Oral alpha-tocopherol supplementation at the rate of 100 mg/day significantly increased NK cell activity in a 16-month-old Japanese boy with Shwachman syndrome (a syndrome associated with severe vitamin E deficiency). The study showed that severe vitamin E deficiency causes impaired NK cell activity but that the condition is reversible with alpha-tocopherol supplementation (Adachi et al. 1997).

Vitamin C (Ascorbic Acid). High levels of vitamin C can protect levels of vitamin E in tissue and may contribute to the immune-enhancement of vitamin E (Niki 1987; Chan 1993; Stahl et al. 1997). Being an antioxidant, adequate vitamin C is an essential ingredient for "mopping up" the free radicals left behind after the immune system produces its oxidative burst killing activity. A steady supply of vitamin C is vital to good health. Because the human body can neither manufacture nor store vitamin C, our requirements must be met from dietary sources, such as citrus fruit, vegetables, and supplements. Vitamin C's antioxidant protection is especially important to healthy lungs. Numerous studies have shown that vitamin C protects the airways against inhaled (environmental) and internal oxidants. Individuals with asthma, allergies, and sensitive respiratory systems will receive significant protection from adequate doses of vitamin C.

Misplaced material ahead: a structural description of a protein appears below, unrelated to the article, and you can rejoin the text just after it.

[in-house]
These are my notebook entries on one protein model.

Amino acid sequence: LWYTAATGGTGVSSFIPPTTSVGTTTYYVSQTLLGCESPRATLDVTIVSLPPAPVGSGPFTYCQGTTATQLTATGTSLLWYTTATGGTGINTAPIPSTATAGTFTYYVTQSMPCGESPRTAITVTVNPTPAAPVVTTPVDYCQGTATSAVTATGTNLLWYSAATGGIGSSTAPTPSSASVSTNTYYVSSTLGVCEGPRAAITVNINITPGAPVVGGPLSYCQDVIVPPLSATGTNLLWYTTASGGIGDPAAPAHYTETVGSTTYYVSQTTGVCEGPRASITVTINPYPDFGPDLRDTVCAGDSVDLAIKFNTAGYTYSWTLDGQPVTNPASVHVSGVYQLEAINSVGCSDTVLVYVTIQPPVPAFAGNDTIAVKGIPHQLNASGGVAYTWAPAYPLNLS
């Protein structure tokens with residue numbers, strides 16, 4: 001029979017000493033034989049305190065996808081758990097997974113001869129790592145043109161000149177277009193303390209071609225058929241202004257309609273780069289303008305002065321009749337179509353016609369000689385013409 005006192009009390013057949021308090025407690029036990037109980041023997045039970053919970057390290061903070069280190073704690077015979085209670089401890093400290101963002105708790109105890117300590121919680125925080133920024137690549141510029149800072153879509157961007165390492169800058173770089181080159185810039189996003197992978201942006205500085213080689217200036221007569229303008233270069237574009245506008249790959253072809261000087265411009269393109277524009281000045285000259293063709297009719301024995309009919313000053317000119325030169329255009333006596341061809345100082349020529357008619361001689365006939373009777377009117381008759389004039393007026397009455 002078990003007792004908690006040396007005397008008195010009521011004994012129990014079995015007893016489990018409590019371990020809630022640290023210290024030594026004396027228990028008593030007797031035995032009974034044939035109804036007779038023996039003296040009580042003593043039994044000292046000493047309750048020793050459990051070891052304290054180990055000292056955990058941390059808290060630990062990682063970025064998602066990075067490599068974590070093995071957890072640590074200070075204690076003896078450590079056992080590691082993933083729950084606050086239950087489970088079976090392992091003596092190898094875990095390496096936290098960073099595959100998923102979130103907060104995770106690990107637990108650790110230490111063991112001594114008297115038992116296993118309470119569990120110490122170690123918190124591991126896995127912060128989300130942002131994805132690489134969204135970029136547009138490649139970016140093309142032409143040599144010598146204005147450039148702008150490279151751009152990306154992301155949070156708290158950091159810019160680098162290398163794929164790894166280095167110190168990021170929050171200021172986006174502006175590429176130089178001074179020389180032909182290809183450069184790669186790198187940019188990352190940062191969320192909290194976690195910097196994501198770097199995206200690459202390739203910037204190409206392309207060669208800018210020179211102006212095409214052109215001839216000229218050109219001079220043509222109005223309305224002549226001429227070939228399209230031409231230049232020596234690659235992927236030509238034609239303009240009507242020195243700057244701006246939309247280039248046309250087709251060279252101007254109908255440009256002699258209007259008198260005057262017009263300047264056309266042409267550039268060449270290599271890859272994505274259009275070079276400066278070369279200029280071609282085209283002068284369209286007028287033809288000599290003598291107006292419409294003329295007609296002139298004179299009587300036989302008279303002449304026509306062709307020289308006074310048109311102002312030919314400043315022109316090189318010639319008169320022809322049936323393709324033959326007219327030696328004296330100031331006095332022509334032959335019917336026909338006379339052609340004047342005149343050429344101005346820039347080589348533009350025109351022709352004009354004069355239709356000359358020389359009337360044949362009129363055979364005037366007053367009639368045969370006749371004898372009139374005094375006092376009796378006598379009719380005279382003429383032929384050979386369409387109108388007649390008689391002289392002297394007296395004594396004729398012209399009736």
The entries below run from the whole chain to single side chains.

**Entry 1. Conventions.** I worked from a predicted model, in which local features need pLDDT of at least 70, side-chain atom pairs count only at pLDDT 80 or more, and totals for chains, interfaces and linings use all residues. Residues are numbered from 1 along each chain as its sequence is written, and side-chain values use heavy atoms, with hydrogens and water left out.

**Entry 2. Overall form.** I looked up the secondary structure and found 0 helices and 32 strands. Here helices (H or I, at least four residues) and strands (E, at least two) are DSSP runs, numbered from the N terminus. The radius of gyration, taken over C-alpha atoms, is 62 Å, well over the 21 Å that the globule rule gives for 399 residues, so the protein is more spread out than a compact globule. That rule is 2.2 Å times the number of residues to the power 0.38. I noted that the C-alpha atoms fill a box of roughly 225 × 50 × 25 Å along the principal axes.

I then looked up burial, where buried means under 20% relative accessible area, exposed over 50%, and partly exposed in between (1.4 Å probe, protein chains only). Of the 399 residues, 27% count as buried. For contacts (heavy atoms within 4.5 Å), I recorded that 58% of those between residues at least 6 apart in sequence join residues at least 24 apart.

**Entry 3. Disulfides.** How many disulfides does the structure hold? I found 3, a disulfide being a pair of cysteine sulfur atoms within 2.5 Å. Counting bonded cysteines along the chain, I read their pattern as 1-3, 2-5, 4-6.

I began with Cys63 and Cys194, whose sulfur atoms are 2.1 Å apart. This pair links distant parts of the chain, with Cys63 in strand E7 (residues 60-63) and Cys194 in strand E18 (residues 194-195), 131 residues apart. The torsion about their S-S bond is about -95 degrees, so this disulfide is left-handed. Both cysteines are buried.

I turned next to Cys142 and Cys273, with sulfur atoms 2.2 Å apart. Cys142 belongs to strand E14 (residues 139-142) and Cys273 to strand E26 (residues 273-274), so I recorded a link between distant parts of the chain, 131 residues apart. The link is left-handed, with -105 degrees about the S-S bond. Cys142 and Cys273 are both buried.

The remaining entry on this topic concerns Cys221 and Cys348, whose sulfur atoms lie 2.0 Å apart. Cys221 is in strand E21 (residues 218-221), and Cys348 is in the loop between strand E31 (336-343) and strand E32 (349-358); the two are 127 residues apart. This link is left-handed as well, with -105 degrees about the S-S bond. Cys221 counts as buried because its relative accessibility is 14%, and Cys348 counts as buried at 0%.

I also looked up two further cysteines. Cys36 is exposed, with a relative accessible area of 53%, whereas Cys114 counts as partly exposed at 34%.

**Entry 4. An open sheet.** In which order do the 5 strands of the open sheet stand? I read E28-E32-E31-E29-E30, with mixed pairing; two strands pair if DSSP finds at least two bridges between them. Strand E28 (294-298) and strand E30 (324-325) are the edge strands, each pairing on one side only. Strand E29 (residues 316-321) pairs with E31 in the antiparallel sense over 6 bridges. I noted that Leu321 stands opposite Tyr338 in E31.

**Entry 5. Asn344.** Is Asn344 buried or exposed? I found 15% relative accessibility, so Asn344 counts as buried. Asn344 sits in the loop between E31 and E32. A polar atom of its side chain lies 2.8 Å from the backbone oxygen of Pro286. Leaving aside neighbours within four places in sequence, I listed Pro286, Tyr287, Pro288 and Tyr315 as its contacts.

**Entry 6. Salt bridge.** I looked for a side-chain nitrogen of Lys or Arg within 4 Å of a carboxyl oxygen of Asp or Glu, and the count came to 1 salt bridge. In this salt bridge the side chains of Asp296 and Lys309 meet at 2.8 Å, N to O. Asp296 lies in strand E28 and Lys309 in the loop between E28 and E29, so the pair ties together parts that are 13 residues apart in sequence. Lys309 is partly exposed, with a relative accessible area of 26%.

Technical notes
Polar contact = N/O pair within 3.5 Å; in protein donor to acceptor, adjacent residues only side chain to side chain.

Vitamin B6 (Pyridoxine). Deficiencies are associated with marked immune depression. This vitamin has many functions throughout the human body in addition to its support of the immune system. Chandra et al. (1980, 1986) have reported that deficits of pyridoxine in addition to calories and zinc resulted in a significant lowering of serum thymic factor, a hormone involved in cell-mediated immunity. Others have demonstrated in animal studies that both low and high levels of this vitamin can lead to immune suppression (Rall et al. 1993; Katunuma et al. 2000). Vitamin B6 is an activator of the enzymes necessary for transferring methyl (-CH3) groups to other molecules involved in immune function, so this vitamin's impact is not only on immunity but on all body functions. Once again, balance is always important. Although the known obvious side effects of excessive vitamin B6 should be watched for (tingling and numbness in the extremities at doses of greater than 300 mg a day for some weeks), it is not known at what dose the immune suppressive effects may occur.

Continued . . .